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Case 2:12-cv-00981-ROS Document 332 Filed 10/27/14 Page 1 of 17

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Mark Kappelhoff
Deputy Assistant Attorney General
Jonathan M. Smith (DC Bar No. 396578)
Edward G. Caspar (MA Bar No. 650566)
Jennifer L. Mondino (NY Bar No. 4141636)
Paul Killebrew (LA Bar No. 32176)
T. Jack Morse (GA Bar No. 449134)
Puneet Cheema (CA Bar No. 268677)
Brian Buehler (NY Bar No. 4893665)
U.S. Department of Justice, Civil Rights Division
Special Litigation Section
601 D St. NW, 5th Floor
Washington, D.C. 20004
Attorneys for the United States

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IN THE UNITED STATES DISTRICT COURT FOR THE


DISTRICT OF ARIZONA

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United States of America,

No. 2:12-cv-00981-ROS

Plaintiff,
v.
Maricopa County, Arizona; and Joseph M.
Arpaio, in his official capacity as Sheriff of
Maricopa County, Arizona,

UNITED STATES MOTION FOR


PARTIAL SUMMARY JUDGMENT

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Defendants.

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Since at least 2007, Defendant Arpaio and the Maricopa County Sheriffs Office

21 (MCSO) have engaged in an unprecedented abuse of power involving widespread and


22 systemic violations of civil rights guaranteed by the United States Constitution and
23 Federal law. The Maricopa County Board of Supervisors let this County official and
24 County agency engage in this conduct and failed in its obligations to require that the
25 Sheriff comply with civil rights laws. The United States seeks to prevent the Defendants
26 unlawful conduct, and to implement remedies that will ensure that the Defendants engage
27 in constitutional policing practices.
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A key issue pled in the United States complaint is not just an allegation, but has

2 been established as fact by the United States District Court in parallel litigation. A
3 judgment has already been entered against the Sheriff concluding that he and the other
4 County employees under his control engaged in intentional discrimination of Hispanic
5 persons during traffic stops conducted in connection with immigration-related law
6 enforcement actions. See Melendres v. Arpaio, 989 F. Supp. 2d 822, 899 (D. Ariz.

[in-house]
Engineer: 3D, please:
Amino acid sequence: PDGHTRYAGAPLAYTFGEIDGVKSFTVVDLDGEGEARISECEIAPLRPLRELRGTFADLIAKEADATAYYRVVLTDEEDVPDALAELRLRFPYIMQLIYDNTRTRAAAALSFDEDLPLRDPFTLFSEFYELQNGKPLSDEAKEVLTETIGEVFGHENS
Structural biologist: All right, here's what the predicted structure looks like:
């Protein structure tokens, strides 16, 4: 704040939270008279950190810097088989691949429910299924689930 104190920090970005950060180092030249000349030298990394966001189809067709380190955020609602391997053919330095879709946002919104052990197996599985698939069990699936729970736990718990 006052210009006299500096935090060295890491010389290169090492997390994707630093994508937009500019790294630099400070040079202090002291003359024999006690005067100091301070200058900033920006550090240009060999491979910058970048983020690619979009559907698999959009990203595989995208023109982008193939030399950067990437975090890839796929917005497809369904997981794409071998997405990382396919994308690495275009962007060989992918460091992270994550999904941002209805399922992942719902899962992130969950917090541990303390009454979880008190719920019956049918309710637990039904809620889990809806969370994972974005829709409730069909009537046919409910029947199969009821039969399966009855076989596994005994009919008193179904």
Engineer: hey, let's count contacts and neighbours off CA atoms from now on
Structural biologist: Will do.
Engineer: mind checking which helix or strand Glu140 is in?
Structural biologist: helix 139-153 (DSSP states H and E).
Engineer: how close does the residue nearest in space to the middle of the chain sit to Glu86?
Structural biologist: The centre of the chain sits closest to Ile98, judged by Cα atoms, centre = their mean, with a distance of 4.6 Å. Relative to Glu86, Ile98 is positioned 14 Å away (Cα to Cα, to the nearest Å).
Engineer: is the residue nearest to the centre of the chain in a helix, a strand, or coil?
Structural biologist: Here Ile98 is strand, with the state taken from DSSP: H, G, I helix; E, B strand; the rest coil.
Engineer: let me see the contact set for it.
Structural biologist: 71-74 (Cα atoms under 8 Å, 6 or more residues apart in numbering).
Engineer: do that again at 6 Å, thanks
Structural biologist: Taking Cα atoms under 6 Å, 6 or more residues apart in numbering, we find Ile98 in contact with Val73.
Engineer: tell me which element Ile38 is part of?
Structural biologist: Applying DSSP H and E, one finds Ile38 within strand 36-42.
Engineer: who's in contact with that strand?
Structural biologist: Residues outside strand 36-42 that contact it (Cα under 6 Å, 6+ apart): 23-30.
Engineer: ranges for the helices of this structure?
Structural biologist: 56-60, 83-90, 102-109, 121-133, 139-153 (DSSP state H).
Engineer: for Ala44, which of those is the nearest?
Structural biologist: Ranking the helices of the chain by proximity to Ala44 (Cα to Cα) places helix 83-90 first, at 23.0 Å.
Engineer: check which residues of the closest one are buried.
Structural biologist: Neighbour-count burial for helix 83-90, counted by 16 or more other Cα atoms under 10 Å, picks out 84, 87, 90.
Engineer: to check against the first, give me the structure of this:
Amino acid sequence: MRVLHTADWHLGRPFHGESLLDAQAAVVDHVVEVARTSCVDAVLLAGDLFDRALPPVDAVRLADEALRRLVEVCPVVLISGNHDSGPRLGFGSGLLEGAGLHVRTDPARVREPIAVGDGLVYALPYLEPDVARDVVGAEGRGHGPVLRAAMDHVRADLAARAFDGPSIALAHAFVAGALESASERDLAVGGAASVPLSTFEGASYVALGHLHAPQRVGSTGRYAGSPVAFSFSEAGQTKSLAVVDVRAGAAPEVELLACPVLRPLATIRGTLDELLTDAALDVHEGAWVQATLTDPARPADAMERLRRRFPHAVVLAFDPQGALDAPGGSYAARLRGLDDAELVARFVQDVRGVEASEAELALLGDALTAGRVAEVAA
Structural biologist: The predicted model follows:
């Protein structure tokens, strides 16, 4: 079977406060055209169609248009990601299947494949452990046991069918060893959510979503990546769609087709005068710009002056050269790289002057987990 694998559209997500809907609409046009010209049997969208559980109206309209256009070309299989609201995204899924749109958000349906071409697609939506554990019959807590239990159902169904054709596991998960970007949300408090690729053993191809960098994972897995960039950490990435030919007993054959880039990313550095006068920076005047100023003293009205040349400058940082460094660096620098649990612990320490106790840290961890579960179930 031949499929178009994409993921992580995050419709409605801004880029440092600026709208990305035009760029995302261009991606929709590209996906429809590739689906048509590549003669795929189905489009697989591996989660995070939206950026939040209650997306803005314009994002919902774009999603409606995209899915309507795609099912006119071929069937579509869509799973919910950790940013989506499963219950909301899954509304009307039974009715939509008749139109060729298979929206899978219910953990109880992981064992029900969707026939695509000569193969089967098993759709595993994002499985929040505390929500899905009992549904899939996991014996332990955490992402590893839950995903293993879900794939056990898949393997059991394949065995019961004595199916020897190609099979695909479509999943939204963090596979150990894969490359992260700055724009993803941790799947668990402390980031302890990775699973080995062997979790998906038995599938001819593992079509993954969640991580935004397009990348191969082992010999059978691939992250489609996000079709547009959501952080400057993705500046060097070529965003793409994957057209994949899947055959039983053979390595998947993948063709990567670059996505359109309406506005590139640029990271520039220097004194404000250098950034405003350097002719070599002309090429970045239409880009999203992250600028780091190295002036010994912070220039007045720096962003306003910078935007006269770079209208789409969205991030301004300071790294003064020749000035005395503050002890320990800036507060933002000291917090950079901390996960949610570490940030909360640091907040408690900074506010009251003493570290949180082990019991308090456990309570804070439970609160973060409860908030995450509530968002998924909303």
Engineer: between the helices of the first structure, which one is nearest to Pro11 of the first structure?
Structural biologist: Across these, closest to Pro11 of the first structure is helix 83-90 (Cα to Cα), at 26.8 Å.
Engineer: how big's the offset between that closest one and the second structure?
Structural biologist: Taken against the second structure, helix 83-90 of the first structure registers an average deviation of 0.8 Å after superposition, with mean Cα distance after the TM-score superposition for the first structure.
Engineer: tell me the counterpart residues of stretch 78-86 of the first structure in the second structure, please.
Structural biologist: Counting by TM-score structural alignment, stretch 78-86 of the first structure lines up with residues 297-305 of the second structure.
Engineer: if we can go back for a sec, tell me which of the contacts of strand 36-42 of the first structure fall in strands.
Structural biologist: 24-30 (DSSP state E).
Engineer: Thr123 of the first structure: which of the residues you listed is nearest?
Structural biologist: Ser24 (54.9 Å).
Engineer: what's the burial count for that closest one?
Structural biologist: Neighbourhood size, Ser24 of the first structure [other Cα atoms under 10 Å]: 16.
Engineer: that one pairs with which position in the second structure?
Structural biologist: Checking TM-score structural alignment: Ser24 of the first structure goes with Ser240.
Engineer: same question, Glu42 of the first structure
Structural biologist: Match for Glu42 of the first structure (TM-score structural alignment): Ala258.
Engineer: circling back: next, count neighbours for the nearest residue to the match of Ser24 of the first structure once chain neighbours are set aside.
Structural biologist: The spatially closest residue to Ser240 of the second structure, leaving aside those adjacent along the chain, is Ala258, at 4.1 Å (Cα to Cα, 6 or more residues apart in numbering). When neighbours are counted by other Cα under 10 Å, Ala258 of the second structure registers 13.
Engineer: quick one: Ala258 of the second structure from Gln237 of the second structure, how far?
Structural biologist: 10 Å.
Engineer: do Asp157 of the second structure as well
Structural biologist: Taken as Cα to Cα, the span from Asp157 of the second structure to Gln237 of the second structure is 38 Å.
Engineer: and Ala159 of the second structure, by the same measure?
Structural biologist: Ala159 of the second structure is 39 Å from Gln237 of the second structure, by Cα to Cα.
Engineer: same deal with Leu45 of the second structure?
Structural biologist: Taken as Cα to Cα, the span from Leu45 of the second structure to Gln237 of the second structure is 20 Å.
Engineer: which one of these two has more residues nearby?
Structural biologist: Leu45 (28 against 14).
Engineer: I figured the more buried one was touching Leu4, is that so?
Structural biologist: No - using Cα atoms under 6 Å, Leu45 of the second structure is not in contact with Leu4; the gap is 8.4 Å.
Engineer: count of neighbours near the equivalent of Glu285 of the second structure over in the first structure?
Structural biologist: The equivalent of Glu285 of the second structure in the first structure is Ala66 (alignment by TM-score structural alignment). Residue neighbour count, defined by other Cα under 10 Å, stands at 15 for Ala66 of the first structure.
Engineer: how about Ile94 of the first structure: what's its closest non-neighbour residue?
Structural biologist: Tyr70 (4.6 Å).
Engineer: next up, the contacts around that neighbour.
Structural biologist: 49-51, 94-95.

7 2013). The court concluded that this conduct by the Sheriff and County employees
8 violates Federal law. Thus, the United States is entitled to judgment on its discriminatory
9 policing claims in this case as a matter of law. The United States therefore moves for an
10 order granting summary judgment in favor of the United States on those claims.
Memorandum of Points and Authorities

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12 I.

Background

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In December 2011, the United States notified the Defendants of the findings of its

14 three-year investigation into the practices of the Maricopa County Sheriffs Office
15 (MCSO). See United States Statement of Facts 1 [hereinafter SOF]. That
16 investigation focused on a variety of systemic constitutional violations, including
17 intentionally discriminatory law enforcement practices (Claims 1, 3, and 5); a pattern or
18 practice of unreasonable detentions by MCSO officers, particularly during worksite raids
19 (Claim 2); discrimination against limited-English-proficient (LEP) Hispanic MCSO jail
20 inmates in violation of Title VI of the Civil Rights Act of 1964 (Claim 4); and a pattern
21 or practice of unconstitutional retaliation against critics of Defendant Arpaio (Claim 6).
22 See id. 2. For over three months thereafter, the United States conferred with
23 Defendants in this case in an attempt to reach a mutually agreeable resolution of these
24 concerns. See SOF 3. When those efforts ultimately proved unavailing, the United
25 States brought this civil action in May 2012. See Doc. 1, Complaint.
26

In a separate class action, private plaintiffs also sought relief against Defendant

27 Arpaio and MCSO to address some of the same conduct that the United States asserts in
28 this action constitutes discriminatory policing: racial discrimination against Latinos

Case 2:12-cv-00981-ROS Document 332 Filed 10/27/14 Page 3 of 17

1 under the guise of enforcing immigration law. Ortega-Melendres v. Arpaio, 836 F.


2 Supp. 2d 959, 969 (D. Ariz. 2011), affd sub nom. Melendres v. Arpaio, 695 F.3d 990
3 (9th Cir. 2012); see SOF 4. The court in Melendres decided summary judgment
4 motions in December 2011, the same month that the United States notified the
5 Defendants of the results of its investigation. See Ortega-Melendres, 836 F. Supp. 2d at
6 959; SOF 1. Trial took place in July and August 2012. See SOF 5. The court in
7 Melendres issued its Findings of Fact and Conclusions of Law in May 2013, concluding
8 that MCSOs use of Hispanic ancestry or race as a factor in forming reasonable
9 suspicion that persons have violated state laws relating to immigration status violates the
10 Equal Protection Clause of the Fourteenth Amendment. Melendres v. Arpaio, 989 F.
11 Supp. 2d 822, 899 (D. Ariz. 2013); SOF 6-7. In October 2013, the court issued its
12 Supplemental Permanent Injunction / Judgment Order providing for injunctive relief
13 addressing the conduct at issue in that case. See Melendres v. Arpaio, 2013 WL
14 5498218, Supplemental Permanent Injunction / Judgment Order (Oct. 2, 2013); SOF 6.